The answer? Customers have to hire installers, trainers, and consultants to make stuff work for the purposes for which it was intended. That is, except for all the services that we can provide for our business customers, as specialized service providers. We are actually full service and implementation providers, not just peddlers of stuff. More importantly, we are “idea” resources. We can listen to a prospect explain his/her circumstances then analyze the possibilities and offer creative solutions and unique ideas to help. And we stay with the customer throughout the implementation process as we introduce special solutions that we have helped create. That’s pretty special, I’d say!

On the surface that may not seem like a really big deal for many prospects who simply want the basics. But it can be. It can put us in a very special position and allow us to fully develop accounts and bring about special solutions they didn’t know existed. That will only work though if we capitalize on our specialization and bring that flexibility into the open.

Every day, there are individual new solutions being initiated by call centers, telephone answering services and voice processing companies that are real service bureaus. But those ideas go unheralded and for the most part, are not maximized. Do you as a service provider take your best ideas, package them into marketable packages to introduce to entire vertical markets, to effectively capitalize on what we have created? I’m learning that some of us do. Not many, but some.

However, idea sharing is making that happen. I have a good idea and I tell you (a non-competitor) about the idea. You offer some input that makes the idea even better. I improve the concept and you take the whole program and put it into effect in your market. Later on we get together and compare notes. Together we make it even better still, as a result of actual implementation results. Then a third party adds another dimension and the concept goes through a continuing maturing process until it is a thorough, specialized solution to be sold and resold throughout a vertical market.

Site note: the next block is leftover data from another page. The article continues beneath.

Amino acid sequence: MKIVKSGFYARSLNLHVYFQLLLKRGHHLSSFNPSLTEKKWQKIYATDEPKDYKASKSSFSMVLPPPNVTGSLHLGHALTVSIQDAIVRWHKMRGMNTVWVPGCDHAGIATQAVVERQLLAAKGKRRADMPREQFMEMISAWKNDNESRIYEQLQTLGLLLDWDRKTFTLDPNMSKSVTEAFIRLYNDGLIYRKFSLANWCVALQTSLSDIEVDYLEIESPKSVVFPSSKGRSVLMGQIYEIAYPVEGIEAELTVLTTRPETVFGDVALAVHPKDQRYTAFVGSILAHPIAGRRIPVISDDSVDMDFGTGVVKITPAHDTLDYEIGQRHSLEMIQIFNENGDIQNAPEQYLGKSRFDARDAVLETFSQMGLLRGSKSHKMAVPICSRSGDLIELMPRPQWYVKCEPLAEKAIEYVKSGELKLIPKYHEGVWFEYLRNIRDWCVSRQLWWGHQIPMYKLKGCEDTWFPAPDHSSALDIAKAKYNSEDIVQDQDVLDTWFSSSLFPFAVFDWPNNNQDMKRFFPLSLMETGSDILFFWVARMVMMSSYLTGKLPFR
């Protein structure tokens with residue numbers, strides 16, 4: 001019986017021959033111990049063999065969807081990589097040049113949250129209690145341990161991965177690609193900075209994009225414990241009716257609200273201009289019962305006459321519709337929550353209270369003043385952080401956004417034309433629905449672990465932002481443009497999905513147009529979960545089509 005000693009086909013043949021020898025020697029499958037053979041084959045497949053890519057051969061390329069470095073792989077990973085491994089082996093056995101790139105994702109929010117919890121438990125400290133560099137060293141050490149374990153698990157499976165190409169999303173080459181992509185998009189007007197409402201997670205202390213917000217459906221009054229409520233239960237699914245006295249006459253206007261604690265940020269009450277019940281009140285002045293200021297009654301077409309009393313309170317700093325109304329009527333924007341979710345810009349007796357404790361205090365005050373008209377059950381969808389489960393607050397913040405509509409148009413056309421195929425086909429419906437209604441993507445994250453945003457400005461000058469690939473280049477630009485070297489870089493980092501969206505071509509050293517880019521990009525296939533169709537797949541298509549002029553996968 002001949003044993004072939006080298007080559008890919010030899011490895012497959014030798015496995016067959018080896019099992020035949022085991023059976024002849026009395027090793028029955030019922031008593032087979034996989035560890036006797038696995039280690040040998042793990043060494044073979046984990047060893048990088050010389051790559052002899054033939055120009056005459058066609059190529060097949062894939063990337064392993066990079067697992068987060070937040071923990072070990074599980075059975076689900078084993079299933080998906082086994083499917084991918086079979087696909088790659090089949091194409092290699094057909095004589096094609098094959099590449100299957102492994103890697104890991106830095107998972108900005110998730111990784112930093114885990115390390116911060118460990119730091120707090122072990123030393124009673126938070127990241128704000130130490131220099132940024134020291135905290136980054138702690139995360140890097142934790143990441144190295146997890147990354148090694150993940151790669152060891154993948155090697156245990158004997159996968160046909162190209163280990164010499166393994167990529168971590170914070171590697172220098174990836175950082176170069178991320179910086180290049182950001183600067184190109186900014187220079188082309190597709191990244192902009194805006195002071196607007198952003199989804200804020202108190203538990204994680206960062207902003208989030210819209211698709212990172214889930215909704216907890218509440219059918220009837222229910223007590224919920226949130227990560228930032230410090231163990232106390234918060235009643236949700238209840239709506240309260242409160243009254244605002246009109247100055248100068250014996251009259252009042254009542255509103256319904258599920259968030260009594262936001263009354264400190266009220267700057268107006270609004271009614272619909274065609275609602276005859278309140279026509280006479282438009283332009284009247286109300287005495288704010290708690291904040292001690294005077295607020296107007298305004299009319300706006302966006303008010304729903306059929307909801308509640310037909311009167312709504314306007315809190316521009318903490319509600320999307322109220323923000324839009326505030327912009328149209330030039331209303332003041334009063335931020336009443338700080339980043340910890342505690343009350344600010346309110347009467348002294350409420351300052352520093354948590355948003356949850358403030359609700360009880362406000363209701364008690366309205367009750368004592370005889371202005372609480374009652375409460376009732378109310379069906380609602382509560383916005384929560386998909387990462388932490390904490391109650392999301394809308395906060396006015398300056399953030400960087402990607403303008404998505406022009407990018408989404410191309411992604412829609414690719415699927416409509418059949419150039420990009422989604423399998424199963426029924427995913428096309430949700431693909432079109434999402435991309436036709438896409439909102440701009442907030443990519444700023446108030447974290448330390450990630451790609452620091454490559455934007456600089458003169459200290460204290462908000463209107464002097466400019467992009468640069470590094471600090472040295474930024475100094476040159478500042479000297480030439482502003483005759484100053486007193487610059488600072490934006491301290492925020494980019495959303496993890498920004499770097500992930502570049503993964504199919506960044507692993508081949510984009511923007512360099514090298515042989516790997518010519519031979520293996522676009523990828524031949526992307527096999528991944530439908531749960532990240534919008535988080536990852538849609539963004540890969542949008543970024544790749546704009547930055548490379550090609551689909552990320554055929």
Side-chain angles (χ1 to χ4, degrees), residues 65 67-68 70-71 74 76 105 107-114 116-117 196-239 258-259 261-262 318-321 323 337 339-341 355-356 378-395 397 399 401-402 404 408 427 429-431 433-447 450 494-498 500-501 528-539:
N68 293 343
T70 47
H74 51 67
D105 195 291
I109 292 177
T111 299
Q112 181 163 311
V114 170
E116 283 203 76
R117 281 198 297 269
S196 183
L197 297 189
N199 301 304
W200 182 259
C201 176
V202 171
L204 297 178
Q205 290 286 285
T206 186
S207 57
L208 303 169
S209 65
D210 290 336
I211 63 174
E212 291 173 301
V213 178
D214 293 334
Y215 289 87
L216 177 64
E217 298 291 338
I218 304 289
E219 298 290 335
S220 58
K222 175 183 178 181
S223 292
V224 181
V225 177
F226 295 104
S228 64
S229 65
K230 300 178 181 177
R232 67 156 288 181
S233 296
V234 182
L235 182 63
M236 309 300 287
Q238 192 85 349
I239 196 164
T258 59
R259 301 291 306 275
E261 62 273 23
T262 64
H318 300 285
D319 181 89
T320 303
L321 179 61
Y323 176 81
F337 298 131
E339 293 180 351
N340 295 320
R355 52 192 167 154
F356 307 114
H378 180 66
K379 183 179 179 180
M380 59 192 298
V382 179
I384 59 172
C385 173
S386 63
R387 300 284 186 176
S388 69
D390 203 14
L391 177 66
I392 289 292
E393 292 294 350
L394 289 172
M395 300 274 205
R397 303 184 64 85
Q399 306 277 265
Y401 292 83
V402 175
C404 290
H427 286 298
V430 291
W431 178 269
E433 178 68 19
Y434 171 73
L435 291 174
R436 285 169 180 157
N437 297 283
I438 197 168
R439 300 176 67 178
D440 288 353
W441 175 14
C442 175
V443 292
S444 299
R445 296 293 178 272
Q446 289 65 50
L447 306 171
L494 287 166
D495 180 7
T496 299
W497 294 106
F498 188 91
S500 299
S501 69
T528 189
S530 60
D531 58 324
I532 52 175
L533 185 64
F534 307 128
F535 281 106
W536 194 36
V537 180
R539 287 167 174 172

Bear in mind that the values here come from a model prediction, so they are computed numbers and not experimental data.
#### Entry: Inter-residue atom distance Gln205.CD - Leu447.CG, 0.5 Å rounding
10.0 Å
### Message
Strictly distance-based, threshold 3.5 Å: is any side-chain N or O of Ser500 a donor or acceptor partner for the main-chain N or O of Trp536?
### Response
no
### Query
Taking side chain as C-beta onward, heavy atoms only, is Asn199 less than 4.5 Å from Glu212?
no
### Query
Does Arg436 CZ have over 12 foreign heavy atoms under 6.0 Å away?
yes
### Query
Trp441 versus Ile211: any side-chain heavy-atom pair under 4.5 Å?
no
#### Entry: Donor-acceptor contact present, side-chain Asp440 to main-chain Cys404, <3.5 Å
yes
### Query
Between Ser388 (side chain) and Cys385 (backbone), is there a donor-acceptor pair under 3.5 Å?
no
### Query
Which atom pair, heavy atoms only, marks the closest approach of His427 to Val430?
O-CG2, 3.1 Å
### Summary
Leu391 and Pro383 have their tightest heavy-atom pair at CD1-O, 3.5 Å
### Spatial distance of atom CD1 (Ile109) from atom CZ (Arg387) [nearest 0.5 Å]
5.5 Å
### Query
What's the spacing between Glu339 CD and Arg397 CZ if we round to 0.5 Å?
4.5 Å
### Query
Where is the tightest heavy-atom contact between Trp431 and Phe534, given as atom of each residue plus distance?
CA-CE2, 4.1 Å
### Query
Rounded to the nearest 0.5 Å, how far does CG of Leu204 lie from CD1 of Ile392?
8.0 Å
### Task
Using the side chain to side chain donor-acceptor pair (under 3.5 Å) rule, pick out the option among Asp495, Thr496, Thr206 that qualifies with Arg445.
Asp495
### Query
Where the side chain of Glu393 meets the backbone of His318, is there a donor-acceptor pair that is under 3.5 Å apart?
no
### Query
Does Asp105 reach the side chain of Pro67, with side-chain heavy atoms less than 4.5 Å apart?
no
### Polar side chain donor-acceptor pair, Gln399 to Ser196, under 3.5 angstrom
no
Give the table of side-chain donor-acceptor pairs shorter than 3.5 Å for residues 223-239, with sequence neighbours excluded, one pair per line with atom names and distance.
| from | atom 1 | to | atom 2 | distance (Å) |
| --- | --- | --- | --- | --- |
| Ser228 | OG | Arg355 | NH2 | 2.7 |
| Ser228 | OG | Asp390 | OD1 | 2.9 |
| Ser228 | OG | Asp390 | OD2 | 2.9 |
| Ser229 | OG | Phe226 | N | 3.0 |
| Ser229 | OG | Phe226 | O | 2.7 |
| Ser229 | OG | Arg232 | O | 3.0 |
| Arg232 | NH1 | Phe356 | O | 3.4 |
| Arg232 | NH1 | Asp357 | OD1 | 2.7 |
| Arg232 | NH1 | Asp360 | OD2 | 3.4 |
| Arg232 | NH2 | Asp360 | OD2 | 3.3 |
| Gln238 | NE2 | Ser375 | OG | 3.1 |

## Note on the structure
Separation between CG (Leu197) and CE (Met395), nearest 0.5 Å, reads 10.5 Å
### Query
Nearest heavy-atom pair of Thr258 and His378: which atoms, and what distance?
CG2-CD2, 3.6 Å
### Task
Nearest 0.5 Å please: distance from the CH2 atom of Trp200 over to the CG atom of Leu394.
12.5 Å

There is a lot of attention being spent by TAS/Call Centers on market expansion, to provide basic services well outside a primary market area. Services such as pure answering service and typical call canter services like order taking or inbound telemarketing are the gist of many a company’s growth plan. However there is very little attention being spent in our own local markets to seek out more in-depth clients with specialized, full service solutions. And that’s a real shame, considering the potential.